Big Ten

Report: Chris Ash makes Houston WR coach Drew Mehringer new Rutgers OC

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Report: Chris Ash makes Houston WR coach Drew Mehringer new Rutgers OC

Chris Ash is bringing even more of an Ohio State flavor to Rutgers.

The Scarlet Knights' new head coach is bringing in another former Buckeyes assistant, reportedly tabbing Houston wide receivers coach Drew Mehringer to be his offensive coordinator, according to a report from Sports Illustrated's Pete Thamel.

Mehringer, just 28 years old, worked as a graduate assistant under Urban Meyer in 2013 before heading to FCS program James Madison as the co-offensive coordinator, and after a strong year there in 2014, he joined former Ohio State offensive coordinator Tom Herman at Houston. The Cougars had a terrific first season under Herman, posting a 12-1 record, winning the American Athletic Conference championship and earning a spot in the Peach Bowl.

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Herman, who is one of the hottest names in the college football coaching profession right now, was described in Thamel's report as Mehringer's "long-time mentor." Mehringer played quarterback at Rice when Herman was the offensive coordinator, and Mehringer joined Herman as a graduate assistant at coaching stops at Iowa State and Ohio State.

In his one season as co-offensive coordinator at James Madison, Mehringer's offense put up some pretty gaudy numbers, ranking 10th in the FCS in total offense, averaging 484.6 yards per game.

“Drew is a rising star in the profession,” Ash told Thamel. “He is a very intelligent guy with a creative offensive mind. He’s been around explosive offenses and winning programs. He will do a great job caring for and developing our players.”

Northwestern running back Jeremy Larkin diagnosed with cervical stenosis, will retire immediately

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USA TODAY

Northwestern running back Jeremy Larkin diagnosed with cervical stenosis, will retire immediately

Tough news out of Evanston this morning: Northwestern announced that running back Jeremy Larkin will retire immediately after being diagnosed with cervical stenosis.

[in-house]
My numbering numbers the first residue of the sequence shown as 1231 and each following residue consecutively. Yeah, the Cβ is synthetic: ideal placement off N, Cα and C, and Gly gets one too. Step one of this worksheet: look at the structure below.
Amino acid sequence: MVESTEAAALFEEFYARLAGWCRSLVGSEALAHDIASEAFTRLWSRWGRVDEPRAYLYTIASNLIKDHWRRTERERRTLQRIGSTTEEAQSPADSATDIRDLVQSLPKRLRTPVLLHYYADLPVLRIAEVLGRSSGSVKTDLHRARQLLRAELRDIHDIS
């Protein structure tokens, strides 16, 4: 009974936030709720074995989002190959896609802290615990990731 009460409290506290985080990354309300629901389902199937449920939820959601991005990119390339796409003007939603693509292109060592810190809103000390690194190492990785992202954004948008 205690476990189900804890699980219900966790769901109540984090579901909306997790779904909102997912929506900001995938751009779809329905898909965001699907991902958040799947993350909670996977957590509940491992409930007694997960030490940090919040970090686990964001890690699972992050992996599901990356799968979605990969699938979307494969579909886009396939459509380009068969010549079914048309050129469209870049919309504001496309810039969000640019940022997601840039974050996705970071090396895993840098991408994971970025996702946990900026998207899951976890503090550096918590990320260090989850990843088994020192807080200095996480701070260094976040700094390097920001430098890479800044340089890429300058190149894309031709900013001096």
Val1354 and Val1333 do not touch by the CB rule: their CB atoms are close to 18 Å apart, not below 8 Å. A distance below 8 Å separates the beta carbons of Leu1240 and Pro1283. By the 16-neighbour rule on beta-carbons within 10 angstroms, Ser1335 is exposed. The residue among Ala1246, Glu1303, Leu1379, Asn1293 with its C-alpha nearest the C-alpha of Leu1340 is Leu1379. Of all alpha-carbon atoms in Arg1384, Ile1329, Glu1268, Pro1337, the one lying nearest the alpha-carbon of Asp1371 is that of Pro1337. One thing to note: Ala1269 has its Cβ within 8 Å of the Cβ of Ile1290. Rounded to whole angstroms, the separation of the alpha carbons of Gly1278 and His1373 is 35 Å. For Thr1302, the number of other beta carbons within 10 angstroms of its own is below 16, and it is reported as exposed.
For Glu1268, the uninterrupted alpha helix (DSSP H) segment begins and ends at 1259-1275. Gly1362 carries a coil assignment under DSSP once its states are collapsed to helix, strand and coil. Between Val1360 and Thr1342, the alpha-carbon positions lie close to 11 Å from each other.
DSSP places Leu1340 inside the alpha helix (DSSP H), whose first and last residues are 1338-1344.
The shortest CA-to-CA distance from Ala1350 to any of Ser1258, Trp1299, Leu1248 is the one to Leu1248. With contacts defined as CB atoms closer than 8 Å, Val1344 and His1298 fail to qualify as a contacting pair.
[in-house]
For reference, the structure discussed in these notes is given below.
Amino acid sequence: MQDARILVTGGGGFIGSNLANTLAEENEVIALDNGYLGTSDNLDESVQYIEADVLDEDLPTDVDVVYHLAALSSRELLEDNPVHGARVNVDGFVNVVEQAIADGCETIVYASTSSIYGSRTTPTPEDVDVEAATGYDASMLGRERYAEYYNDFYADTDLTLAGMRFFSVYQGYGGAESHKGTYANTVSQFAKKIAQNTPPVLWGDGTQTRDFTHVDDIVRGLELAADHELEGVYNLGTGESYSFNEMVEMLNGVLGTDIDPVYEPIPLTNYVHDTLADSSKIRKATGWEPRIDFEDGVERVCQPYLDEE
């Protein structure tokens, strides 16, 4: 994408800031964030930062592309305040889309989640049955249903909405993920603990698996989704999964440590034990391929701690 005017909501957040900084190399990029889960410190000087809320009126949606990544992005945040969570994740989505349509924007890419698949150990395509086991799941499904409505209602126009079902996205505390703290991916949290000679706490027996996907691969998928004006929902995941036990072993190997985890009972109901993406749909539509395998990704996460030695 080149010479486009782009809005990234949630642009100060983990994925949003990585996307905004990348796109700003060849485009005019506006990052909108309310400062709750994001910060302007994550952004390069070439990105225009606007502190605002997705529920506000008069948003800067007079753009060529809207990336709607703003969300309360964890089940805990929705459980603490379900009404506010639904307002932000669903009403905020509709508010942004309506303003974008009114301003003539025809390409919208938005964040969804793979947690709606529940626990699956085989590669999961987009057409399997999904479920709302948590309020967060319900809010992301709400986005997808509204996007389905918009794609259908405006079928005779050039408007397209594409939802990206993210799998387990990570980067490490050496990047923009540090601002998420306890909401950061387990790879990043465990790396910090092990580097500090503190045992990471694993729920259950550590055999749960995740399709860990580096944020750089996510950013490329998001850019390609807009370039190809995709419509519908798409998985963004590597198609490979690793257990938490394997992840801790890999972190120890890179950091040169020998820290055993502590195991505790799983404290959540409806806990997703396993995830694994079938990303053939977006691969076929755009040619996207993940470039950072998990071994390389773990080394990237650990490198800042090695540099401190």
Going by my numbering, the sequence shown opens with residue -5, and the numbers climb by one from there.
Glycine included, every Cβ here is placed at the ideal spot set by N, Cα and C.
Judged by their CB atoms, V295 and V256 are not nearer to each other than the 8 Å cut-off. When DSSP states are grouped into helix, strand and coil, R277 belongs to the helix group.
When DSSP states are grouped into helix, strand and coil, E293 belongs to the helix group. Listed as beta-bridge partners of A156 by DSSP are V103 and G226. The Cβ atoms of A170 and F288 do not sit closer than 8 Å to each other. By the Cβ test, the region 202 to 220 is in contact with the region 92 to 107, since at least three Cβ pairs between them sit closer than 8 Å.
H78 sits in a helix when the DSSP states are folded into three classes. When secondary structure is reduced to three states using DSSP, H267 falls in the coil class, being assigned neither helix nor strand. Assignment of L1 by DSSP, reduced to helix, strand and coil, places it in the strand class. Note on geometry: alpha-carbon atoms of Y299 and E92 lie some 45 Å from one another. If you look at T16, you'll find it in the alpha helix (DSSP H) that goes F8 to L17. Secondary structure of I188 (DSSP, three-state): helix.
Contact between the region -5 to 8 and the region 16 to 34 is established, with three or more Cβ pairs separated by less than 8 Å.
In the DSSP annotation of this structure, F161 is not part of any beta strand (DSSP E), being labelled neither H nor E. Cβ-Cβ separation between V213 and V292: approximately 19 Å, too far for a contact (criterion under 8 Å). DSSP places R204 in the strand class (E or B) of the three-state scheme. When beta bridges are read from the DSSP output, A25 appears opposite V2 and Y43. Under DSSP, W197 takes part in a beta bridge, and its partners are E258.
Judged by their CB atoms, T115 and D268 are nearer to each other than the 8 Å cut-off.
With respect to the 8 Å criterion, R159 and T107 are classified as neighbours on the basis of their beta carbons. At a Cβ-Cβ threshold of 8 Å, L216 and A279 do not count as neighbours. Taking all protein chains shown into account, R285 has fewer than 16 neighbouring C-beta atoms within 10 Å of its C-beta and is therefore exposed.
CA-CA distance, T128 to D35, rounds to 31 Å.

Cervical stenois is the narrowing of the spinal canal in one's neck, according to Mayo Clinic. Larkin's condition is thankfully not life-threatening, though it does prevent him from continuing to participate in the game of football. 

"Football has been a lifelong passion and it has been a process to reconcile the fact I won't be on that field again, given I've played this game since I was five years old," Larkin said.

"I'm extremely appreciative of the Northwestern sports medicine and athletic training staffs for uncovering this condition, and for my coaches and the medical staff for always putting my health first.

"I came to this University to engage at the absolute highest level on the field and in the classroom, and I'm grateful for the opportunity to continue one of those while supporting my teammates from the sideline." 

Head Coach Pat Fitzgerald called the news "heartbreaking."

"This is heartbreaking because I see every day how much Jeremy loves the game, loves his teammates, and loves to compete," Fitzgerald said in a statement. "But this is the absolute best possible outcome for him.

"The discovery of this condition allowed Jeremy and his family to make an informed decision for his long-term health and well-being. For those of us who have known Jeremy Larkin since his high school days, his future is exceptionally bright. I can't wait to see the impact he makes in our world."

Larkin is a sophomore from Cincinnati. He finishes his Northwestern career with 156 carries for 849 yards and 10 rushing touchdowns.

Former Illini champion Kevin Anderson upsets Roger Federer in Wimbledon quarterfinal

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USA TODAY

Former Illini champion Kevin Anderson upsets Roger Federer in Wimbledon quarterfinal

Former University of Illinois tennis star Kevin Anderson completed a marathon upset against an all-time great on the highest stage of professional tennis.

Anderson came back from two sets down to beat Roger Federer in Wimbledon’s quarterfinals 2-6, 6-7, 7-6, 6-4, 13-11 on Wednesday morning. He will play in the semifinals of the tournament for the first time in his career.

As a native of South Africa, Anderson played three seasons with the Fighting Illini and won the NCAA doubles championship during the 2005-06 season as a sophomore. The 32-year-old was a three-time All-American in singles at Illinois.

Now, as the eighth ranked singles player on the ATP World Tour, Anderson is a force to be reckoned with at the professional level. He made it all the way to the US Open final in 2017.

The former Illini star will look to keep his recent success going when he represents Illinois in the semifinals of Wimbledon this Friday.